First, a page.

The city's planned fleet of connected smart kiosks is expected to not only offer Internet and services to residents, but also serve as a means to connect and engage with city officials.
Internet-connected kiosks have been popping up in cities across the country. The LinkNYC program went live a little under a year ago, but other cities including Miami and Kansas City, Mo., have been experimenting with this smart city technology. Next up? Chicago.
According to a news release from CIVIQ Smartscapes, the same company behind LinkNYC and the program to install smart kiosks in Miami-Dade County to relay public transit information, the Windy City will soon see its own fleet of connected devices that will provide free Wi-Fi to residents and visitors alike.
Each Waypoint station will feature interactive LED touchscreens, high-speed Wi-Fi, and small cell and sensor array technology. The sensors could be used to gather data on things like the number of pedestrians walking by, traffic congestion or browsing data from the connected devices. With an established network of devices, the city is hoping to blanket the city with free Wi-Fi.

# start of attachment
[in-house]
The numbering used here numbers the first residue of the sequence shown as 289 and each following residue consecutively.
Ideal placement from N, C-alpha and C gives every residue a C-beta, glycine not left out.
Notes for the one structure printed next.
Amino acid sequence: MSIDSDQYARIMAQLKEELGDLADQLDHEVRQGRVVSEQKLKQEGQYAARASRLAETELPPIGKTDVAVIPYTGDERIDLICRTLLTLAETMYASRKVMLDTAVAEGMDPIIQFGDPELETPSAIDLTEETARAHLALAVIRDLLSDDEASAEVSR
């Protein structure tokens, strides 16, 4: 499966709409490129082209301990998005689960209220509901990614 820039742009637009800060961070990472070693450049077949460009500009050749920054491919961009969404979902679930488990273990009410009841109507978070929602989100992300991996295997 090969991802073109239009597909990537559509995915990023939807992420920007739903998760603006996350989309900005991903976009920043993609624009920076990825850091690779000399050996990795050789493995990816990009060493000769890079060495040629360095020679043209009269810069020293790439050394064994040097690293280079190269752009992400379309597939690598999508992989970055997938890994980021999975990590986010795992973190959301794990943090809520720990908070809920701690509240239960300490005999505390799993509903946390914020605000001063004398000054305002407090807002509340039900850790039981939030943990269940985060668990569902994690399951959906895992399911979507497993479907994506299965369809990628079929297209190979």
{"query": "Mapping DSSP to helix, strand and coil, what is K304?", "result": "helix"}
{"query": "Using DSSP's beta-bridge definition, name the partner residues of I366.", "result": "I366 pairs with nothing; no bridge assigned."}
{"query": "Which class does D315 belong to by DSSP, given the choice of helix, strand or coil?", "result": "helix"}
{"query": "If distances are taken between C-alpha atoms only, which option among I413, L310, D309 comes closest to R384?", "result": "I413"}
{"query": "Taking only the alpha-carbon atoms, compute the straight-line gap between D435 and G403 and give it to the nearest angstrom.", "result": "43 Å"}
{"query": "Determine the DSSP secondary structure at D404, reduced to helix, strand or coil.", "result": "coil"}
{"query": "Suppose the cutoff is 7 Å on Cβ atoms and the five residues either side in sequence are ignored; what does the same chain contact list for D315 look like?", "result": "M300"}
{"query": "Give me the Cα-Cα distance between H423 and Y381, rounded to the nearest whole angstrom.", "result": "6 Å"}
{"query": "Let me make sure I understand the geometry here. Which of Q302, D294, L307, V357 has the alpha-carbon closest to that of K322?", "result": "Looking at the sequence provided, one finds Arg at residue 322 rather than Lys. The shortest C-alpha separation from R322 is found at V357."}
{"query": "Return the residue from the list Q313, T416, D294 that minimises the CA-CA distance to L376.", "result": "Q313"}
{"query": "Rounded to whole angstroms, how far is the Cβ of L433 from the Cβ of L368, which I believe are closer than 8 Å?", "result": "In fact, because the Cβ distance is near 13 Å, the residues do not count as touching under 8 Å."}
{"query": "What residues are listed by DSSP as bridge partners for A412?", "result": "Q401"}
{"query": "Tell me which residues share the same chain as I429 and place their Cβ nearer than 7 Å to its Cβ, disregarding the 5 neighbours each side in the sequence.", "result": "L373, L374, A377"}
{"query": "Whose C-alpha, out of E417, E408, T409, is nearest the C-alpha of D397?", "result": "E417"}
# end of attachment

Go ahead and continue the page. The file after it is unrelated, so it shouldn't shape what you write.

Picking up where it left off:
The devices are meant to serve a higher purpose than just being a cool piece of technology on the streets of Chicago — they also will allow for residents to engage with elected city officials and city workers, enabling the city to respond to issues and allow for the expansion of a new experience across city services.
"We are excited to take this technological leap and put Chicago at the forefront of smart cities throughout the country,” said Chicago CIO Brenna Berman in the release. "By integrating CIVIQ's smart solutions into our infrastructure, we look forward to seeing first-hand how Chicago residents and visitors alike embrace its many technological benefits."
Chicago is one of the leading cities in the world with its smart city technology implementation. The Array of Things project, an expanded Internet of Things initiative, will outfit city infrastructure with more than 500 sensors that provide data on air quality, traffic and hyperlocal weather data that can detect possible flood sites. The project is administered by the city and the Argonne National Laboratory at the University of Chicago.